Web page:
ASA Rules for bloggers - a must read post if you're blogging in the UK.

First up – are reviews sponsored content?

It depends on whether you have been paid to post the review. All content which has been paid for is considered advertising. Ordinarily reviews aren’t paid content. If you have been sent a product to try and/or keep so long as you disclose this fact your post isn’t sponsored or an advert.

As the publisher you are responsible for ensuring any claims made about the product can be substantiated. For example, if your PR contact tells you a product has been proven to cure the common cold think twice before you repeat it. This year both Yakult and Flora, amongst others, have had adverts banned over unsubstantiated health claims.

Stick to the facts of your experience and opinion and you will be fine.

ASA Rules for bloggers - a must read post if you're blogging in the UK.

So what is sponsored?

Sponsored content or advertising is anything you have been paid to publish. This isn’t limited to your activity on your blog but across all social media platforms.

ASA Rules for bloggers - a must read post if you're blogging in the UK.

ASA Rules for bloggers - a must read post if you're blogging in the UK.

ASA Rules for bloggers - a must read post if you're blogging in the UK.

 

How should you (and how do you) disclose your posts so they are within ASA guidelines?

The ASA advise to keep it clear and suggest ad, advertorial or sponsored as words which will signpost the article. The advertising code states:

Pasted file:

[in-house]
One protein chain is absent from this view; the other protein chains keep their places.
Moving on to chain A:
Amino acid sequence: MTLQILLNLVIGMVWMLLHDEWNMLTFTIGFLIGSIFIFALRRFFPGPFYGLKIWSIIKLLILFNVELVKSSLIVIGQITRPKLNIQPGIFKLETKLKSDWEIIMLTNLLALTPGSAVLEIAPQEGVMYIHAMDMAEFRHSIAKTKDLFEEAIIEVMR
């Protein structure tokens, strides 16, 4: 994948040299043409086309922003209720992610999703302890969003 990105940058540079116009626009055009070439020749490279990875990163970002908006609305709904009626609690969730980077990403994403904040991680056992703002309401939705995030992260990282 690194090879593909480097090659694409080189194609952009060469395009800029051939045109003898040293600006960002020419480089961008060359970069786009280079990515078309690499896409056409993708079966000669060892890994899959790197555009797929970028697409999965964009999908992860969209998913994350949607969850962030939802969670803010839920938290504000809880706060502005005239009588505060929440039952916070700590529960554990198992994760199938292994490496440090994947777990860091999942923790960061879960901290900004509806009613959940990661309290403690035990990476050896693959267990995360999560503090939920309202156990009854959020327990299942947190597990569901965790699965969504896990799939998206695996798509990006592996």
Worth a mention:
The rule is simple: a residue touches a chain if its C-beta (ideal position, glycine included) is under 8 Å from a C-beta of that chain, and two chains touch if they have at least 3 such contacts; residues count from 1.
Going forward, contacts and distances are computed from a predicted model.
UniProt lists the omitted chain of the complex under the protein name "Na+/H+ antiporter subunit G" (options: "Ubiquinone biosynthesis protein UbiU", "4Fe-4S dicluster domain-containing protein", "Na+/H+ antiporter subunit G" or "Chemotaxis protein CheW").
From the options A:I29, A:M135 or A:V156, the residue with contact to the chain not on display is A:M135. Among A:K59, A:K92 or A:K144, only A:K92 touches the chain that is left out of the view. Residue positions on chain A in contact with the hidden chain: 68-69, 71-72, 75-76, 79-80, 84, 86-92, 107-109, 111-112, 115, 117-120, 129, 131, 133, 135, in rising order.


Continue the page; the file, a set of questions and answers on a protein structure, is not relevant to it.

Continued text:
2.4    Marketers and publishers must make clear that advertorials are marketing communications; for example, by heading them “advertisement feature”

One of the key words in there is heading – if the disclosure is at the foot of an article which may not be read then you could be in breach.

We asked how people felt as readers when disclosure wasn’t clear or at the end of the post:

 

ASA Rules for bloggers - a must read post if you're blogging in the UK.

The majority wanted to know up front so it’s not just the ASA who want it at the top but your readers probably do too!

We also discussed terms that SEO companies are asking bloggers to use instead of the more obvious terms laid out by the ASA. They range from PR Collaboration through Featured Post to Inspired by and beyond. There are probably teams of people trying to come up with new terms right now and why is that…

ASA Rules for bloggers - a must read post if you're blogging in the UK.

ASA Rules for bloggers - a must read post if you're blogging in the UK.